Mozart wrote his Symphony No.25 in 1773 at the age of 17. It is a good example of the style of music at the time known as "Sturm und Drang" ("Sturm and Stress"), characterised by minor keys, wide leaps and syncopations. These dramatic qualities led the director Miloš Forman to use the first moment for the opening scene of his film "Amadeus", in which Mozart's rival Antonio Salieri is rushed to hospital after attempting to slit his own throat.
Henry Purcell's Rondeau is the second movement of a suite of ten written as incidental music for a revival of Aphra Behn's play "Abdelazer" in 1695. It is the best remembered part of the suite, both in its original form and in adaptations—composer Benjamin Britten used it in his "The Young Person's Guide to the Orchestra" (1946), it can be hard in the television series "The First Churchills" (1969) and "Pride and Prejudice" (2005) and was even used, in an arrangement by Andrew Lloyd Webber, as the election music for the British Conservative Party in the 1992 general election.
Dvořák's Symphony No.9, "From the New World" (1893) was written whilst the composer was director of the National Conservatory of Music of America from 1892 to 1895. It's enduring popularity owes much to its profusion of memorable and expertly presented melodic material. Though the most famous movement is the restful "Largo", the exciting last movement is every bit as catchy, especially in its marvellous opening theme.
Mussorgsky's "Night on the Bare Mountain" is a dramatic and exciting depiction of a witches' sabbath. One of the most famous works in the classical repertoire it was also used to great effect in Walt Disney's Fantasia.
This is the dramatic opening of Strauss's tone poem, composed in 1896 and inspired by Friedrich Nietzsche's philosophical novel "Thus Spoke Zarathustra." It's familiarity today owes much to its use in Stanley Kubrick's film "2001: A Space Odyssey." The director initially used this and a number of other classical pieces, including Ligeti's "Lux Aeterna" and Johann Strauss's "Blue Danube Waltz" as inspirational placeholders until an original score was written. He came to like them so much, however, that he ditched the score, leaving its composer Alex North devastated.
This piece comes from a set of 21 lively dance tunes based mostly on Hungarian themes. All of his dances were composed for the piano. Brahms wrote orchestral arrangements for No. 1, No. 3 and No. 10. Other composers have orchestrated the other dances. Number 5 was based on the csardas by Keler Bela titled "Bartfai emlek" which Brahms mistakenly thought was a traditional folksong.
The Commendatore Scene forms part of the final section of Mozart's 1787 opera "Don Giovanni." In it Don Giovanni is accused by the statue of the Commendatore, whom Don Giovanni has killed earlier in the opera, to repent of his sins. Don Giovanni refuses and is dragged to Hell.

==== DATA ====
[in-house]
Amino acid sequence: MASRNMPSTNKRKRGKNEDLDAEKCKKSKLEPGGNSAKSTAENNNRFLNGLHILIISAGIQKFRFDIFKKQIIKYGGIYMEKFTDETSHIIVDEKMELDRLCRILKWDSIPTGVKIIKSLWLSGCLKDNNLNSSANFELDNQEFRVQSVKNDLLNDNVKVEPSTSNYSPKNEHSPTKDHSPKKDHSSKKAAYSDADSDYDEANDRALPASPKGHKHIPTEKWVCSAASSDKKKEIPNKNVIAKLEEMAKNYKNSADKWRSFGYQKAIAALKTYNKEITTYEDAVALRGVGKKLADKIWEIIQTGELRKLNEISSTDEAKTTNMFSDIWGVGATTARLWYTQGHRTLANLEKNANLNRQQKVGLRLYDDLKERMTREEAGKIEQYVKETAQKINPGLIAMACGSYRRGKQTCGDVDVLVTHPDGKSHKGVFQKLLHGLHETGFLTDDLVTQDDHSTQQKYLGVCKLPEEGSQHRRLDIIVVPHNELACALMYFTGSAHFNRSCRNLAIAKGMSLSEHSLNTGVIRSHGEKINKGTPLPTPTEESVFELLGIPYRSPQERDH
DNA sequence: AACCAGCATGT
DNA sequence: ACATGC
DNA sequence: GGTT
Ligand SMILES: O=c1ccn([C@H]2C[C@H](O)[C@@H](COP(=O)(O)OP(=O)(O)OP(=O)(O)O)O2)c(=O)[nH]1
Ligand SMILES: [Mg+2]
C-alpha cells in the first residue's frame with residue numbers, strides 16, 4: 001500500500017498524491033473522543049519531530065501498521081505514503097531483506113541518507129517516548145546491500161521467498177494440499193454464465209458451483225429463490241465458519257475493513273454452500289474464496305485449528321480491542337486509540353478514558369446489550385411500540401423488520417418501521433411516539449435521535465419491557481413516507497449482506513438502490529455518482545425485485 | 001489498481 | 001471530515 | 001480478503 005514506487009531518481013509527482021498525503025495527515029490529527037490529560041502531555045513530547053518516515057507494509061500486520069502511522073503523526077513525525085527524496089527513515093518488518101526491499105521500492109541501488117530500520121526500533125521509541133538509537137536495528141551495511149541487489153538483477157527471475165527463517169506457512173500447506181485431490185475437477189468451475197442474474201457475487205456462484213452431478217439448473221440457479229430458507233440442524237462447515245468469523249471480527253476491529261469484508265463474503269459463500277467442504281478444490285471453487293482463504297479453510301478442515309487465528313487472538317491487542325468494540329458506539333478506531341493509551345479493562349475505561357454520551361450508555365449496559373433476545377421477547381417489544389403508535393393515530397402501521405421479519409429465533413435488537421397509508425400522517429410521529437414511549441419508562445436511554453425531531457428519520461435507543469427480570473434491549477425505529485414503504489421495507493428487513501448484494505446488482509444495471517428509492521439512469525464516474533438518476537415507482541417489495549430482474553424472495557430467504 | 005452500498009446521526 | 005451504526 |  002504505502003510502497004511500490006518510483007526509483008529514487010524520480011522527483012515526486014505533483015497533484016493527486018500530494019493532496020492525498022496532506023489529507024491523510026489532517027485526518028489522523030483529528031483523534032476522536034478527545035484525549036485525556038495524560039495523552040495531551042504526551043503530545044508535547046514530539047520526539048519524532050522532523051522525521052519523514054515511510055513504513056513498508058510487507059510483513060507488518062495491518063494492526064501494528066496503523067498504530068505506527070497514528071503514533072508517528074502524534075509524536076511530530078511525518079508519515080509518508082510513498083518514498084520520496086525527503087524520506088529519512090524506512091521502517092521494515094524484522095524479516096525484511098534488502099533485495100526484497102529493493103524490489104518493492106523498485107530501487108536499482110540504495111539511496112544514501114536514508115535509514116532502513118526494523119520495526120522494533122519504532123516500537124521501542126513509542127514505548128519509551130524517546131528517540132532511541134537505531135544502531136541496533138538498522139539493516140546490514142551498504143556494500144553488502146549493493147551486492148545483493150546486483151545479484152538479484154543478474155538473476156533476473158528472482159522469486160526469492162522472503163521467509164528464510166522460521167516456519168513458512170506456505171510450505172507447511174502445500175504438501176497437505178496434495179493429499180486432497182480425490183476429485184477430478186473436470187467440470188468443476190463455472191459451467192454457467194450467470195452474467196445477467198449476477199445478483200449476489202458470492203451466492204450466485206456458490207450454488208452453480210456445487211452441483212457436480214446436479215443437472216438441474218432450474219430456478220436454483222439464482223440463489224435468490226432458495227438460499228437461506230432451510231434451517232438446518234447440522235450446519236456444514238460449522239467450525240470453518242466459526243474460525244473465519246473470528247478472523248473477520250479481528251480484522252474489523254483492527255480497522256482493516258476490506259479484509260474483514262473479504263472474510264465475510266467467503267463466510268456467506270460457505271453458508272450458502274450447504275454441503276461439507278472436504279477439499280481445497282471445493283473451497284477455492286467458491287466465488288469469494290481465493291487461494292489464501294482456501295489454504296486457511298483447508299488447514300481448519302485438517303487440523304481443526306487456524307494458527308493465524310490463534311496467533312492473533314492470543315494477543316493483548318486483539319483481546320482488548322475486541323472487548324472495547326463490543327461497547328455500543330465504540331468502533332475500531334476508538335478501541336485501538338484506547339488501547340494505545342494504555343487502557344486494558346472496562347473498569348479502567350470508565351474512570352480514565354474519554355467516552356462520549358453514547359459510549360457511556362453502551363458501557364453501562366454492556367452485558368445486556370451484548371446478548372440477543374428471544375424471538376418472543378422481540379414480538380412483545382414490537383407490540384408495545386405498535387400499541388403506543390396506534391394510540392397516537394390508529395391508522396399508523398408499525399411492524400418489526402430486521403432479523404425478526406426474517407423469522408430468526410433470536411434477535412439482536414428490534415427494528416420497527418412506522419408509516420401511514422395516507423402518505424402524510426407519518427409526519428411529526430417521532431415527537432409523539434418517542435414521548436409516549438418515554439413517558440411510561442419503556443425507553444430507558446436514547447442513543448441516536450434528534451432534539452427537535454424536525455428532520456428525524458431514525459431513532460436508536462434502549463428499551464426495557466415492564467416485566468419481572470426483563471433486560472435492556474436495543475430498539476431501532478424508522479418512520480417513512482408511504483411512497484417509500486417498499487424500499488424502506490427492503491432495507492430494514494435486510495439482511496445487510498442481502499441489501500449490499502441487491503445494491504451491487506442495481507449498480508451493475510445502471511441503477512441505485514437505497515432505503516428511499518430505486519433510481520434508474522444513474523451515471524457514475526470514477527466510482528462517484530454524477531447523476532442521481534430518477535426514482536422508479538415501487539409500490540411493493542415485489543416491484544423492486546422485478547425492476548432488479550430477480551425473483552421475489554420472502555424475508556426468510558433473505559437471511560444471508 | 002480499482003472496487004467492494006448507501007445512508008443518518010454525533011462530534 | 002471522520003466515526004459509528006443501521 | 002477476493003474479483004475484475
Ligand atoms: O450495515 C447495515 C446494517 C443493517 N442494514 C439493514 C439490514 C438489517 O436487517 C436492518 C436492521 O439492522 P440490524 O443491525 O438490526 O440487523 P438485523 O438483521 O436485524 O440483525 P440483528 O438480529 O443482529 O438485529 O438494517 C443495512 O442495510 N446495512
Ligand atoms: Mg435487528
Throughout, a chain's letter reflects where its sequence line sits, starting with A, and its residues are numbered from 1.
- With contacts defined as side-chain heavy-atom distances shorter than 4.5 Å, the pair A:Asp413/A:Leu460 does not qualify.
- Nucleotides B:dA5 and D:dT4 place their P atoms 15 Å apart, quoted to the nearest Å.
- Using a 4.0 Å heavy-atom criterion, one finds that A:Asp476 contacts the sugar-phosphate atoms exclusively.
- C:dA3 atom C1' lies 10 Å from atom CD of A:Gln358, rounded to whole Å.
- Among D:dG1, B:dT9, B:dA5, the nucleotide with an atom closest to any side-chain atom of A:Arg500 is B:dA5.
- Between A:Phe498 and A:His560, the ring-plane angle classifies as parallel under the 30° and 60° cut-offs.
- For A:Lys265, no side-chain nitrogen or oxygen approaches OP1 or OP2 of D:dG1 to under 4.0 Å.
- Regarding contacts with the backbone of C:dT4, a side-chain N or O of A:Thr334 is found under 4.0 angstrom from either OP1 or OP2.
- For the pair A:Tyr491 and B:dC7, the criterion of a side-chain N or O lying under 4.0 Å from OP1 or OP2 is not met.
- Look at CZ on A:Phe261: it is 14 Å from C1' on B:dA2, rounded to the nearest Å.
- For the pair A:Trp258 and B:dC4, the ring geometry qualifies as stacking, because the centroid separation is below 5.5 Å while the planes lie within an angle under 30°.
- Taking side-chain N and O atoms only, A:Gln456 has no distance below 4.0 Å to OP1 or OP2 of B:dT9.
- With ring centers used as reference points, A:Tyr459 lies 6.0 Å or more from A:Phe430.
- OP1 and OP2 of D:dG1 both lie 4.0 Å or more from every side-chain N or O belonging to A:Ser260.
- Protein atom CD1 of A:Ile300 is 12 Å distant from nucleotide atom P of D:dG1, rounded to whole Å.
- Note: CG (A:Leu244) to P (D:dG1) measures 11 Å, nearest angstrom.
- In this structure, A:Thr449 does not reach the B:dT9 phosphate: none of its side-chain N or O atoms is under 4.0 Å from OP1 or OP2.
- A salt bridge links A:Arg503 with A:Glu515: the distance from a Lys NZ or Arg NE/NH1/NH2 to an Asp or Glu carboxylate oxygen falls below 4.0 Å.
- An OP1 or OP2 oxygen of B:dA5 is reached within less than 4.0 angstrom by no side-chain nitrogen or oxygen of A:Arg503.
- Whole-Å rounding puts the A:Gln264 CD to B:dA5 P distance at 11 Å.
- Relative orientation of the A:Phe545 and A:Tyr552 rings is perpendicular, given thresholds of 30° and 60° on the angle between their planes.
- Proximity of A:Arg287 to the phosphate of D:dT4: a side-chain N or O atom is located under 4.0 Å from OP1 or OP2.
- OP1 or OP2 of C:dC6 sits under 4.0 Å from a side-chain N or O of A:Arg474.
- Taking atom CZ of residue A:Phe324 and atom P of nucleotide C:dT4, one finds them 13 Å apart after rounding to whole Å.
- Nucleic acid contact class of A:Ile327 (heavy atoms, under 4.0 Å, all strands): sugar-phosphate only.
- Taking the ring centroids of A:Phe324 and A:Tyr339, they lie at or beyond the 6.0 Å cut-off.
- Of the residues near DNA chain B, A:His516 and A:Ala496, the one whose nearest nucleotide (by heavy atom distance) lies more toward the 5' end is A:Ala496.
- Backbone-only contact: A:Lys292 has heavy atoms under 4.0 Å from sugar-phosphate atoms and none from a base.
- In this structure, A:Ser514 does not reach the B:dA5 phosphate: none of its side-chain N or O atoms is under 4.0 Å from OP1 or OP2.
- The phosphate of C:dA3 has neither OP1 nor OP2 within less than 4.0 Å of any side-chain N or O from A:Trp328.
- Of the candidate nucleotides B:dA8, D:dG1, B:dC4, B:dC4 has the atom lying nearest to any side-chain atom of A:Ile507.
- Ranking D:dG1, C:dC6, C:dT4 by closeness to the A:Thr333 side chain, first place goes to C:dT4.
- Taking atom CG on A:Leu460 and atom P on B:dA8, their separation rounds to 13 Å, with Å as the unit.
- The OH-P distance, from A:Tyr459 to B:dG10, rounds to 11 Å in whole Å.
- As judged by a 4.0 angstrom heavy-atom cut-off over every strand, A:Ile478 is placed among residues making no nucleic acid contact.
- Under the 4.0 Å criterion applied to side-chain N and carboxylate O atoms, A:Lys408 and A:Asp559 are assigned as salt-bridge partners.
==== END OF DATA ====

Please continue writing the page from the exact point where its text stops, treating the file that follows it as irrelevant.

The opera "Les Indes Galantes" was something of breakthrough work for composer Jean-Phillipe Rameau, remarkable given that he was already in his forties when he wrote it. Despite the lukewarm reception of its first performance in 1735, it went on to achieve great success in its revised versions and led to a sequence of other dramatic works from the composer. The best-known part of the work is this atavistic dance, which occurs in the final part of the work "Les Sauvages" ("The Savages").
Schubert's "Erlkönig" (1885), is a lied (art song) setting of Johann Wolfgang von Goethe's poem of the same name. The singer takes the role of four characters — the narrator, a father, his small son, and the titular "Erlkonig", a supernatural creature who pursues the boy — each of whom exhibit different tessitura, harmonic and rhythmic characteristics. Among Schubert's most famous works, the work has been arranged by various composers, such as Franz Liszt (solo piano) and Heinrich Wilhelm Ernst (solo violin); Hector Berlioz, Franz Liszt, and Max Reger have orchestrated the piece.
"The Ride of the Valkyries" is a depiction of the transportation of fallen heroes to Valhalla at the opening of the third act of Wagner's opera "Die Walküre" (premiered 1870). After the "Bridal Chorus" from "Lohengrin" it is probably the most famous music the composer wrote. It has been used a number of times in popular culture, most famously in the 1979 film "Apocalypse Now," where the 1/9 Air Cavalry squadron plays it on helicopter-mounted loudspeakers during their assault on a Viet Cong-controlled village as psychological warfare and to motivate their own troops.
"Lohengrin," WWV 75, is a Romantic opera in three acts composed and written by Richard Wagner, first performed in 1850. The story of the eponymous character is taken from medieval German romance, notably the Parzival of Wolfram von Eschenbach, and its sequel Lohengrin, itself inspired by the epic of Garin le Loherain. The vigorous and joyful "Introduction" to the Third Act occurs before Elsa's wedding and is immediately followed by the famous "Bridal Chorus."
Borodin's Polovtsian dances are from the his opera "Prince Igor," which he left unfinished on his death in 1887. Their popularity has eclipsed that of the opera as a whole, often being performed separately as a concert work. The dramatic waltz is the fourth of the set and is simply titled "General Dance."